The artifact was discovered in April 2012 while David Taylor and his brother-in-law Andrew Coulter were removing stones from a field on Coulter’s farm in the village of Kircubbin in Northern Ireland’s Country Down. After spotting the dirt-encrusted object lying on one of the rocks, Taylor pocketed it, mistakenly thinking it might be a piece of machinery of some value. His wife, however, wasn’t convinced and suggested he simply throw it in the garbage. Instead, Taylor contacted a local museum, which informed that he hadn’t found a piece of machinery, but something much more significant.
For the Vikings, arm rings such as the one discovered by Dave Taylor were not merely ornamental. They were often used to cement bonds of loyalty between a lord and his warriors in a society where men lived and died by their honor. They were often bestowed upon young adult males to symbolize their coming of age. In addition, some groups used the rings—which were made of precious metals—as a form of, easily transportable (and protectable) currency, in a time before coins or paper money.
Earlier this year, an inquest was convened in Belfast Coroners Court, which holds jurisdiction over the discovery under the United Kingdom’s antiquity laws. At the inquest, experts testified that the ring was 90 percent silver (but also included traces of copper and gold) and likely dated to between 950 and 1100 A.D. They also told the court that the arm ring didn’t originate in Ireland but in Scotland, most likely in the Orkney Islands or Shetland, which were under Viking control at that time.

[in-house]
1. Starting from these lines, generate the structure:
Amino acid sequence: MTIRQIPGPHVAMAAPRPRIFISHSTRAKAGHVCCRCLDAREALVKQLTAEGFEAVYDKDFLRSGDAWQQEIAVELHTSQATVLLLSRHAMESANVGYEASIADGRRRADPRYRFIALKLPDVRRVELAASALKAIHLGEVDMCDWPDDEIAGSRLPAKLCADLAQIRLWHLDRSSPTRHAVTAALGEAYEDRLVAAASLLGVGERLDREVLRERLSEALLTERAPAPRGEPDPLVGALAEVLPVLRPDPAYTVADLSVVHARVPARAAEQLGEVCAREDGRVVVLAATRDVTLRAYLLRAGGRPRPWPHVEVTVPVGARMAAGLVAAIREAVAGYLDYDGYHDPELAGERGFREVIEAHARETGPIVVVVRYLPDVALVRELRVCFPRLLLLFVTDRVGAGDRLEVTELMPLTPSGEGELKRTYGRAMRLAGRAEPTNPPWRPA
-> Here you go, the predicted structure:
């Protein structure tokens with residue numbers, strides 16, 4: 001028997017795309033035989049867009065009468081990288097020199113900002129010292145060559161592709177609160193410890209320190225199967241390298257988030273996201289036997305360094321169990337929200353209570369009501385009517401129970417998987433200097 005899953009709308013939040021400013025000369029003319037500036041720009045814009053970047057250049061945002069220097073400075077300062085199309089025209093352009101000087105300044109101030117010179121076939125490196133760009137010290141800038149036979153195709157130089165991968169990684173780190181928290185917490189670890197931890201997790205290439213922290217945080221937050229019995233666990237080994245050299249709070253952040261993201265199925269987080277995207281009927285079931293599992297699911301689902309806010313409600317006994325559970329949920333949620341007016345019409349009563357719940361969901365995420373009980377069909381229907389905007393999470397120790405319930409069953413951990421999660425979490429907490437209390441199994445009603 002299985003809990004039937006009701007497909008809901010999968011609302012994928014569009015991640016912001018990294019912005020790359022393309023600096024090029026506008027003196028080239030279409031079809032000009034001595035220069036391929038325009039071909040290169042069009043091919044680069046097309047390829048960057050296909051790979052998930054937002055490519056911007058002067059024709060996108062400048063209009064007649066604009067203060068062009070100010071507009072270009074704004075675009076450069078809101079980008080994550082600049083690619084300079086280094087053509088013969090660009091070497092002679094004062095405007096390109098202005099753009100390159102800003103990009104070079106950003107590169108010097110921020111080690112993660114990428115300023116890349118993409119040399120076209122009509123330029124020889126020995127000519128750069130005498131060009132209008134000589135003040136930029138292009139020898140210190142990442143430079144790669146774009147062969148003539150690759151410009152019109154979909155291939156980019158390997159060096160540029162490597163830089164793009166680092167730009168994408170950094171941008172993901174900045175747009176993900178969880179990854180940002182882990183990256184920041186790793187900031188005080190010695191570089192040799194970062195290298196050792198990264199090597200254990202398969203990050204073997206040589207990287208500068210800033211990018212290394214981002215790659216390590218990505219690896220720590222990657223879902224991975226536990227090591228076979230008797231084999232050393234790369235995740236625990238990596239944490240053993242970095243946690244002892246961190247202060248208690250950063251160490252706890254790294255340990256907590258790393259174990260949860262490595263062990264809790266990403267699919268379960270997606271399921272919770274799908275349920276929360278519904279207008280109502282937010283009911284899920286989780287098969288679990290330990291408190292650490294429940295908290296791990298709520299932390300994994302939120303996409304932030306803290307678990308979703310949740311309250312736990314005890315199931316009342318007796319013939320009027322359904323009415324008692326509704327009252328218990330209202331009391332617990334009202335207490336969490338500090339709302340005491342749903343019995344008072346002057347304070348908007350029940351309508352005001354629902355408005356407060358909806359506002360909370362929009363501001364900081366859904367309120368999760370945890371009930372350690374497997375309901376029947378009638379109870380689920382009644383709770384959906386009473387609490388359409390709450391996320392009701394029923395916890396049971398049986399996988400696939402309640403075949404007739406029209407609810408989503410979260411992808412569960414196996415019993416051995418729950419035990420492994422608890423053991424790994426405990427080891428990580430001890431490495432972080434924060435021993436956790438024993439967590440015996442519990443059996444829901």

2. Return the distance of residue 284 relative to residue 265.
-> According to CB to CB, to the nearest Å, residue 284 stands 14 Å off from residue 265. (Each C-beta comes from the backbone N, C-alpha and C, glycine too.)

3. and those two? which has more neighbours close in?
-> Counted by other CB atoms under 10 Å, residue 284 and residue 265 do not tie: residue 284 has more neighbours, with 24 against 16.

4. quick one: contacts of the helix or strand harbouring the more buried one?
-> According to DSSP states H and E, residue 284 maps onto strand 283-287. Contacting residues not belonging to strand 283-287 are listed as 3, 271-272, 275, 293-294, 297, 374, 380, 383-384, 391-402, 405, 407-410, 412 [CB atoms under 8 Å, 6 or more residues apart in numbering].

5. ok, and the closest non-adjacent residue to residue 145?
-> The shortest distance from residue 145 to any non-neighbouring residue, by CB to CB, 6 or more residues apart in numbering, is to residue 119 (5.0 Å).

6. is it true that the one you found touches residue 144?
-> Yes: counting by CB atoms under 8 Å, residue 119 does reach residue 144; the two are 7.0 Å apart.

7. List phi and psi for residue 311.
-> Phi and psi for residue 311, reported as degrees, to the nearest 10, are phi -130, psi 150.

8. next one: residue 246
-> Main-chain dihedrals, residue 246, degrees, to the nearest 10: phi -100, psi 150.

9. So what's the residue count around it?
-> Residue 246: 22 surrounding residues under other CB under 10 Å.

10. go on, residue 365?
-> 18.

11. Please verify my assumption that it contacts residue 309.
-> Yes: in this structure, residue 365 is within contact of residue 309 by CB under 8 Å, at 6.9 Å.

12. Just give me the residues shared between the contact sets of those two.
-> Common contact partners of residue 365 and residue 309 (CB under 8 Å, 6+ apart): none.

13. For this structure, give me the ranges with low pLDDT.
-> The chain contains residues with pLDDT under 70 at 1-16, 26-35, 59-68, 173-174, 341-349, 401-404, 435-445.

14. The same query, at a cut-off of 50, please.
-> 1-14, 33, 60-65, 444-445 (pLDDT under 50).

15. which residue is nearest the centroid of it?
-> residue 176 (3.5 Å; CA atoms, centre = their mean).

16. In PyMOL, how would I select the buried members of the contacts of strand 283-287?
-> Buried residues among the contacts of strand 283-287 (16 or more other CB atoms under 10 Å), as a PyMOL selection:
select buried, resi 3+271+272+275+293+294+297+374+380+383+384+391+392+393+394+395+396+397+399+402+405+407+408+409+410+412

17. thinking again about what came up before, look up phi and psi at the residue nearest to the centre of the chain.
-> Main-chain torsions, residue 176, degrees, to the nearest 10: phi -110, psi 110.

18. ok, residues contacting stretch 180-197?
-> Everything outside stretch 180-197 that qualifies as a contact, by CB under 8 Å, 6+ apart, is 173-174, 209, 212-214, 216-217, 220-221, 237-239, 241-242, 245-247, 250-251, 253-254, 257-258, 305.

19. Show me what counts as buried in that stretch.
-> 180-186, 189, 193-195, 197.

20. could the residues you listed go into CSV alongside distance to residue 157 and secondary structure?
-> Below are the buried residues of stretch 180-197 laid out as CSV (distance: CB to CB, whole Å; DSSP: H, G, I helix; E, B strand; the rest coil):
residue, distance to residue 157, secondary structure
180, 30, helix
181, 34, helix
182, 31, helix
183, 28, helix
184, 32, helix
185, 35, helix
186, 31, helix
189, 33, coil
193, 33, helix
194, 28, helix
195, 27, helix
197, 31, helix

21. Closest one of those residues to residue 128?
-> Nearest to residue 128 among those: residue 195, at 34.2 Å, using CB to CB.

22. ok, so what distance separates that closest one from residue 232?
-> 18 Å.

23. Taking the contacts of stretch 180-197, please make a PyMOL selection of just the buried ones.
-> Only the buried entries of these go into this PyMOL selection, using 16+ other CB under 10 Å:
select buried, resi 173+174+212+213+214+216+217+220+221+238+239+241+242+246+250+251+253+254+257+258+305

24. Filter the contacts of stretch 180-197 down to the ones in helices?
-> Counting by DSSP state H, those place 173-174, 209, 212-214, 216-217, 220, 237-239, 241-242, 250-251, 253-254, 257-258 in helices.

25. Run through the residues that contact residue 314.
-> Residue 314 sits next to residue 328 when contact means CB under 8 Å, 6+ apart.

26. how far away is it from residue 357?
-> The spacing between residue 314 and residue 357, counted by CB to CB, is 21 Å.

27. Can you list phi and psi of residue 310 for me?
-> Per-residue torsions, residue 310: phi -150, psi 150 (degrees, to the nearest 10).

Almost as rare as the ring itself is the fact that it was the only Viking artifact discovered at the Kircubbin site. Items such as these have almost always been found as part of a larger pile of treasures, such as a 1998 find of Viking jewelry and silver pieces valued at more than $1 million or the discovery of the Silverdale Hoard in 2011, a collection of over 200 pieces believed to be one of the largest Viking treasure troves ever found in the United Kingdom. That coupled with its likely Scottish origins led experts to speculate that the ring may have passed from Scottish or Viking control to Irish hands through trade, theft or as a spoil of war. The location of Andrew Coulter’s farm near the remains of a medieval church provided additional clues about the ring’s possible history. In an era with little in the way of home protection technology, it was common practice to bury valuables near sacred, and presumably secure, lands such as those owned by churches.
The ring has been sent to the UK’s Treasure Valuation Committee, comprised of antiquity experts from the British Museum and elsewhere, for further study. In addition to learning more about the ring’s history, the committee hopes to determine its monetary value. If Taylor chooses to sell the ring, (with Northern Ireland’s Ulster Museum a likely destination) he will be legally required to split any proceeds with his brother-in-law, on whose land it was discovered.